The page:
THE SALVO AT DRUSCO
Patriarch Josef closed his eyes.
With his vision dark, his mind receded into a void where his other senses were muted. In that void, far from the chaos of war, there was calm. He was only vaguely aware of the vibrations of the earth beneath him as his thoughts rang out across the emptiness of that void, concise and clear. He inhaled through his nose, oblivious to the acrid stench of smoke and sulfur. Instead, that breath was like a cool wind.
Just a moment.
He only needed a moment of that void to settle his mind, and steel his resolve. Slowly, the darkness paled as he began to open his eyes, and reality flooded back into being around him like being plunged into ice water.
“CANNON FOUR IS HIT!”
“ADJUST TWO DEGREES FOR THE TOWER!”
“DIRECT STRIKE ON THE ENEMY EASTERNMOST CANNON!”
Josef could only make out the loudest shouts in the ceaseless tide of noise. All around him, men and women yelled with hoarse voices during the momentary lapses when the cannons did not sing and fire their projectiles in smoky plumes. Bowstrings creaked and fletchling whistled as archers fired and the mages of Hokhmat launched their arcane spells from the Covenant encampment, which faced across a valley towards the clifftop keep of Drusco.
That roar was cut short as a Veletzian cannonball slammed into the hillside, spraying smoke, dirt, shrapnel, and the blood of the fallen Covenant cannoneers. Josef felt something wet - mud, he naively hoped - splash onto his voice as the plugs in his ears quivered from the vibration, but he forced himself not to look at the struck cannon crew.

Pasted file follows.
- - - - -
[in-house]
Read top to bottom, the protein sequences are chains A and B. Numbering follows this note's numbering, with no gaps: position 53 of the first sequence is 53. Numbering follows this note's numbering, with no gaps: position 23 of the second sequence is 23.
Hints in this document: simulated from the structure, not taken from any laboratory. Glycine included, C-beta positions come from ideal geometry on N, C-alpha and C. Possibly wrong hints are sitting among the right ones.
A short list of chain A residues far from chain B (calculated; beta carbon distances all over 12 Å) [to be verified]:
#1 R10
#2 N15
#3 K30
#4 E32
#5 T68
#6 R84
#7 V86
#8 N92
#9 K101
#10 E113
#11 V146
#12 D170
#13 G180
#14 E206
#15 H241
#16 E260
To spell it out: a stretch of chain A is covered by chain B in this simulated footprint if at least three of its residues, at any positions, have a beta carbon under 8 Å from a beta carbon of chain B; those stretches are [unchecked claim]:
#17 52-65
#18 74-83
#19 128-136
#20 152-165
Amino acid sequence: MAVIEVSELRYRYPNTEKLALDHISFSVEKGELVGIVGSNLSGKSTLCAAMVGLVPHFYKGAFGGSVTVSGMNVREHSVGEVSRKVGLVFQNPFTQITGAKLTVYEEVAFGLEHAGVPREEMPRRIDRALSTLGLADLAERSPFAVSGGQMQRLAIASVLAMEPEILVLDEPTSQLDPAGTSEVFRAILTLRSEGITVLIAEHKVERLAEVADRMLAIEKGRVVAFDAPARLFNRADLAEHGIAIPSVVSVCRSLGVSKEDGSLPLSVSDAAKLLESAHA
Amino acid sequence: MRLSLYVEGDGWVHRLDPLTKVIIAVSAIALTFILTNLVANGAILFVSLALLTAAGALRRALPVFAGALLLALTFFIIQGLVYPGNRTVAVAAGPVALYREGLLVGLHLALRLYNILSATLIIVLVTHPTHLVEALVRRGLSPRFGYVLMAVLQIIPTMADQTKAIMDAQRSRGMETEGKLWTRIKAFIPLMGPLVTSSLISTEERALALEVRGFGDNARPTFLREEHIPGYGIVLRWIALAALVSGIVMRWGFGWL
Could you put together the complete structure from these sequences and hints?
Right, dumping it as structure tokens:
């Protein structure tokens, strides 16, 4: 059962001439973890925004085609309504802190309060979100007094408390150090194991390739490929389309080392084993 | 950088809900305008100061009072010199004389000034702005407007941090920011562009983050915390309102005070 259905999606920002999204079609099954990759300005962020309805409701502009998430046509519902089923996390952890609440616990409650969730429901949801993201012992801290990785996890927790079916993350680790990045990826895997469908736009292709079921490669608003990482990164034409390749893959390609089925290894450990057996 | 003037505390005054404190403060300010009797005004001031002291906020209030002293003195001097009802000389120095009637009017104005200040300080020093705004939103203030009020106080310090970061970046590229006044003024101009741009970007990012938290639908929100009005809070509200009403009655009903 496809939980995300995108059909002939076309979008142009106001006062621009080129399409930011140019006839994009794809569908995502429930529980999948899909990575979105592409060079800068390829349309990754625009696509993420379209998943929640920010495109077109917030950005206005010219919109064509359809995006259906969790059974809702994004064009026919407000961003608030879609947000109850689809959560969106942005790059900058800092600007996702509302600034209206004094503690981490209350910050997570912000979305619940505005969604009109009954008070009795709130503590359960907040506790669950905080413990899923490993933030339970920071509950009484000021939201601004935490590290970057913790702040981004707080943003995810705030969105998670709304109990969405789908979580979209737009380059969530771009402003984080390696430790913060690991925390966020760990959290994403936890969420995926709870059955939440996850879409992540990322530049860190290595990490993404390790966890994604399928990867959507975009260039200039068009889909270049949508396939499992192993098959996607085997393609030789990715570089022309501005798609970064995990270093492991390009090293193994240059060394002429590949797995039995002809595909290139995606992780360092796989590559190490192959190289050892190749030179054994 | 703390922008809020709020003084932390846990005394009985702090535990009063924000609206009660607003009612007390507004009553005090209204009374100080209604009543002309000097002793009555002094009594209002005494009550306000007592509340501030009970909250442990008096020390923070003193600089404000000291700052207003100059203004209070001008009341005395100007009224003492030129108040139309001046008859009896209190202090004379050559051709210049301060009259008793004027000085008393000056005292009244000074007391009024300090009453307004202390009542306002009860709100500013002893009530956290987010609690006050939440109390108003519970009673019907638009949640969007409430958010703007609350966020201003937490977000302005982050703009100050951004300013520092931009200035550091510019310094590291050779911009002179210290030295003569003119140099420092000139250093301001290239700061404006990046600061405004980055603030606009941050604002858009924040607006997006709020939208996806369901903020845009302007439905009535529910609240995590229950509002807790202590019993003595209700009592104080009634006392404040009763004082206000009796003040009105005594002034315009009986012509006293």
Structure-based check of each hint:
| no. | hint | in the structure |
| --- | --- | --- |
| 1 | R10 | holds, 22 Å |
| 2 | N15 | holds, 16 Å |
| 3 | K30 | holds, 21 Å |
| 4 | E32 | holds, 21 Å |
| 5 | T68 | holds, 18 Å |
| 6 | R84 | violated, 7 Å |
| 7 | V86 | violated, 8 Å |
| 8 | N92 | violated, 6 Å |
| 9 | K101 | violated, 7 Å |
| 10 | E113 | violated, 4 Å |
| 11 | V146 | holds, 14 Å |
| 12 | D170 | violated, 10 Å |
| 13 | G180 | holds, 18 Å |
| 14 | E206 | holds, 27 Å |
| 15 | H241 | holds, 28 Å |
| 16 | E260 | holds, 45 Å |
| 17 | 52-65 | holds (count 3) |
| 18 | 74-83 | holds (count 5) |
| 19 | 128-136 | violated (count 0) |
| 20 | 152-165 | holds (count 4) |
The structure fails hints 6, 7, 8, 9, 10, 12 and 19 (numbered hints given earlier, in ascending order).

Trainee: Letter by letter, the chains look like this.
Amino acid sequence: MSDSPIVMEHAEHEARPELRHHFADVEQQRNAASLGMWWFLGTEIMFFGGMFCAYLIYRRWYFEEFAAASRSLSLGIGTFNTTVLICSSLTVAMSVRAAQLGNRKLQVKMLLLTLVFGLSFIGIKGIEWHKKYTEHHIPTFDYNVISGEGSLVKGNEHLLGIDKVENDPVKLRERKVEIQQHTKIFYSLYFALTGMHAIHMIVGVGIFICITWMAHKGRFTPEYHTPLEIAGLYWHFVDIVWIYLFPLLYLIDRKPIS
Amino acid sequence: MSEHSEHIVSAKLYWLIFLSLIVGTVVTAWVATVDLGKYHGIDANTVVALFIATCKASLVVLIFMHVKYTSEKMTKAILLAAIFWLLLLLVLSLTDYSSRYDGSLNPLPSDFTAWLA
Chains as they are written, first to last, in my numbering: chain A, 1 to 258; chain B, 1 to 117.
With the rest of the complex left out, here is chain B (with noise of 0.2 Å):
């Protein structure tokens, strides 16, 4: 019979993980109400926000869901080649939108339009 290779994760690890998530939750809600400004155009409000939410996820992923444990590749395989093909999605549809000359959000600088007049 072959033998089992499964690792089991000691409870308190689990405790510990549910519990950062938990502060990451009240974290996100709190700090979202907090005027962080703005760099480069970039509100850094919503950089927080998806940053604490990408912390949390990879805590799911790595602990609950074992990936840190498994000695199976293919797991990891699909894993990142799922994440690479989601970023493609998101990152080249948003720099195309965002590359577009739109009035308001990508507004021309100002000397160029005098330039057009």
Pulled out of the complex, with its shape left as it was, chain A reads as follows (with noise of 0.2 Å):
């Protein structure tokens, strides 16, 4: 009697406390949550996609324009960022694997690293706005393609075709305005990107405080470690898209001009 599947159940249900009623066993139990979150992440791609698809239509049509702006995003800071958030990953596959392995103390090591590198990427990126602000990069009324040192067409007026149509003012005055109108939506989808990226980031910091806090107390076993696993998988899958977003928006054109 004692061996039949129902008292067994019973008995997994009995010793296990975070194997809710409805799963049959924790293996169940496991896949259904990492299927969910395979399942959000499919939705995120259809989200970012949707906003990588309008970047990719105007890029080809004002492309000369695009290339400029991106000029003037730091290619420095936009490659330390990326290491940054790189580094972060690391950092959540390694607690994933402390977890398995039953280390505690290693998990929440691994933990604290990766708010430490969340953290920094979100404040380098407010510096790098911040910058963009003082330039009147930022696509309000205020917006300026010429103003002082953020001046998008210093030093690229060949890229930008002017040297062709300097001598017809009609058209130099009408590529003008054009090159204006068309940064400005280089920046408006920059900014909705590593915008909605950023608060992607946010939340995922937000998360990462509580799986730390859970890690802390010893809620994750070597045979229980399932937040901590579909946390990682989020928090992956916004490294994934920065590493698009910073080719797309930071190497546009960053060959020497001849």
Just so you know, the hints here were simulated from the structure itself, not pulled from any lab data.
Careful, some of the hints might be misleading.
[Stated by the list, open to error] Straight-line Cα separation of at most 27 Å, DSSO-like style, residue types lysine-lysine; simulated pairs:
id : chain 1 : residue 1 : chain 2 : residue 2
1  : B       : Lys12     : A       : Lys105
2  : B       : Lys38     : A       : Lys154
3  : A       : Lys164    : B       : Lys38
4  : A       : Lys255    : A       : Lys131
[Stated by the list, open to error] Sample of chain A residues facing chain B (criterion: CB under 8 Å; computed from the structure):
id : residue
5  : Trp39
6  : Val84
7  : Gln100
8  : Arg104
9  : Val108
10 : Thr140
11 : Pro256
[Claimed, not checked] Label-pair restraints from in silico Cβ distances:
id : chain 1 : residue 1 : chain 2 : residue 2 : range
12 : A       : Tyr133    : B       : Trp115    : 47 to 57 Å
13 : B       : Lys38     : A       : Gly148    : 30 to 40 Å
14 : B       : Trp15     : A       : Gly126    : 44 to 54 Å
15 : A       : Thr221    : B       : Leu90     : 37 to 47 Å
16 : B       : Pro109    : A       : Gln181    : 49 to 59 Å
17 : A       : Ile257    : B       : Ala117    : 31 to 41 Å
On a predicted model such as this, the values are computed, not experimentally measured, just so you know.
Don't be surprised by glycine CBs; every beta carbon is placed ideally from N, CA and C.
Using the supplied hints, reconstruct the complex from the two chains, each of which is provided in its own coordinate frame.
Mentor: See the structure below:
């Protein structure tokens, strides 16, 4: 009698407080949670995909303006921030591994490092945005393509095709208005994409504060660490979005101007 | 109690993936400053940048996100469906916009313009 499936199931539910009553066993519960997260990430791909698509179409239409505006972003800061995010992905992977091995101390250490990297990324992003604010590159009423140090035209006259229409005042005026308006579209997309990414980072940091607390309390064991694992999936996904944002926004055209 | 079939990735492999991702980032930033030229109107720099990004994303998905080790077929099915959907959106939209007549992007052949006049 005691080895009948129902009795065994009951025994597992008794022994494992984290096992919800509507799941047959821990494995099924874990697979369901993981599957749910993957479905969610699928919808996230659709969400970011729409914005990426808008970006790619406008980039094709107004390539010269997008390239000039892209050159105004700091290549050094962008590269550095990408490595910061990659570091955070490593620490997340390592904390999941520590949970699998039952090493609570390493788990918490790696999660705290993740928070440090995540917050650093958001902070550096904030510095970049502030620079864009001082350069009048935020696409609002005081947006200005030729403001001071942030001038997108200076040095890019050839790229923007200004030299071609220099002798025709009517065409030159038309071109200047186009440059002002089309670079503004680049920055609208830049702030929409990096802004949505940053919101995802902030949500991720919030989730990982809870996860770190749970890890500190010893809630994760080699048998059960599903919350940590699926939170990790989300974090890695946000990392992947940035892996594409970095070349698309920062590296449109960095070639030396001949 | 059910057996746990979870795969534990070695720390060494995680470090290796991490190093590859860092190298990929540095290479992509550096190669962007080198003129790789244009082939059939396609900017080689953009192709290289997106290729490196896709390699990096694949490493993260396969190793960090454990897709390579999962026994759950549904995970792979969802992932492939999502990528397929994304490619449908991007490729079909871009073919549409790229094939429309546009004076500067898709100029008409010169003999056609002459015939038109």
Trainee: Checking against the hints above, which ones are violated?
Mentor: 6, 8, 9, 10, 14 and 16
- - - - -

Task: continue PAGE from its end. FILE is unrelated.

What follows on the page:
He could not afford to.
As panicked cries briefly swept the Covenant bunker at the sight of their fellow siege engineers' grizzly fate, Josef raised a mailed hand. “ALL EYES FORWARD.” His own gaze was firmly narrowed on the smokestacks rising from Drusco, across the valley. “UNTIL DRUSCO HAS FALLEN, THIS SALVO DOES NOT END.”
“ALL EYES FORWARD!” echoed the shout of Deia from his own cannon crew some dozen feet away from Josef. Wiping soot from his face, he rammed his ladle into the barrel to set the gunpowder charge. With clenched jaws and steely eyes, the rest of his crew followed suit, and so did the rest of the bunker.
And the salvo resumed.
Josef was not sure how long it went on like that as he stood observing the enemy cannons, ordering readjustments of the bombardment when necessary, and watching holes pock the Drusco cliffside, and the keep itself peeling apart.
Soon. The time will be soon.
The hours passed like minutes, and the minutes like hours. Two more of his cannon crews perished; one from another direct shot, and the other from a landslide caused by a Veletzian shot lower down the hill. Wylein Alpyne had worked with the dwarves of Urguan and the mages of Hokhmat to construct their cannon bunkers into the mountain itself, but even mountains have their limits, and their bunkers had taken a beating in the ongoing artillery duel. Despite that, Josef’s resolve was stronger than the splintering stones of Drusco. He had been raised in the clergy as a teacher and scholar of the Scrolls, but now here he stood as commander of the Covenant’s artillery banner -- Northern Thunder, which had been the lynchpin in the Covenant’s victories at Breakwater, Brasca, and Stassion.
He had read and preached all of his life of God’s infinite power, but never had that power been more apparent to him in that moment as blow after blow of cannonfire gradually reduced another stronghold of the Anathema to rubble.
And then, finally, the time came.
“Patriarch,” called out Viktor var Ruthern at Josef’s side, with binoculars pressed to his eyes. “The last round has opened up a breach into the main keep, right behind the curtain wall!”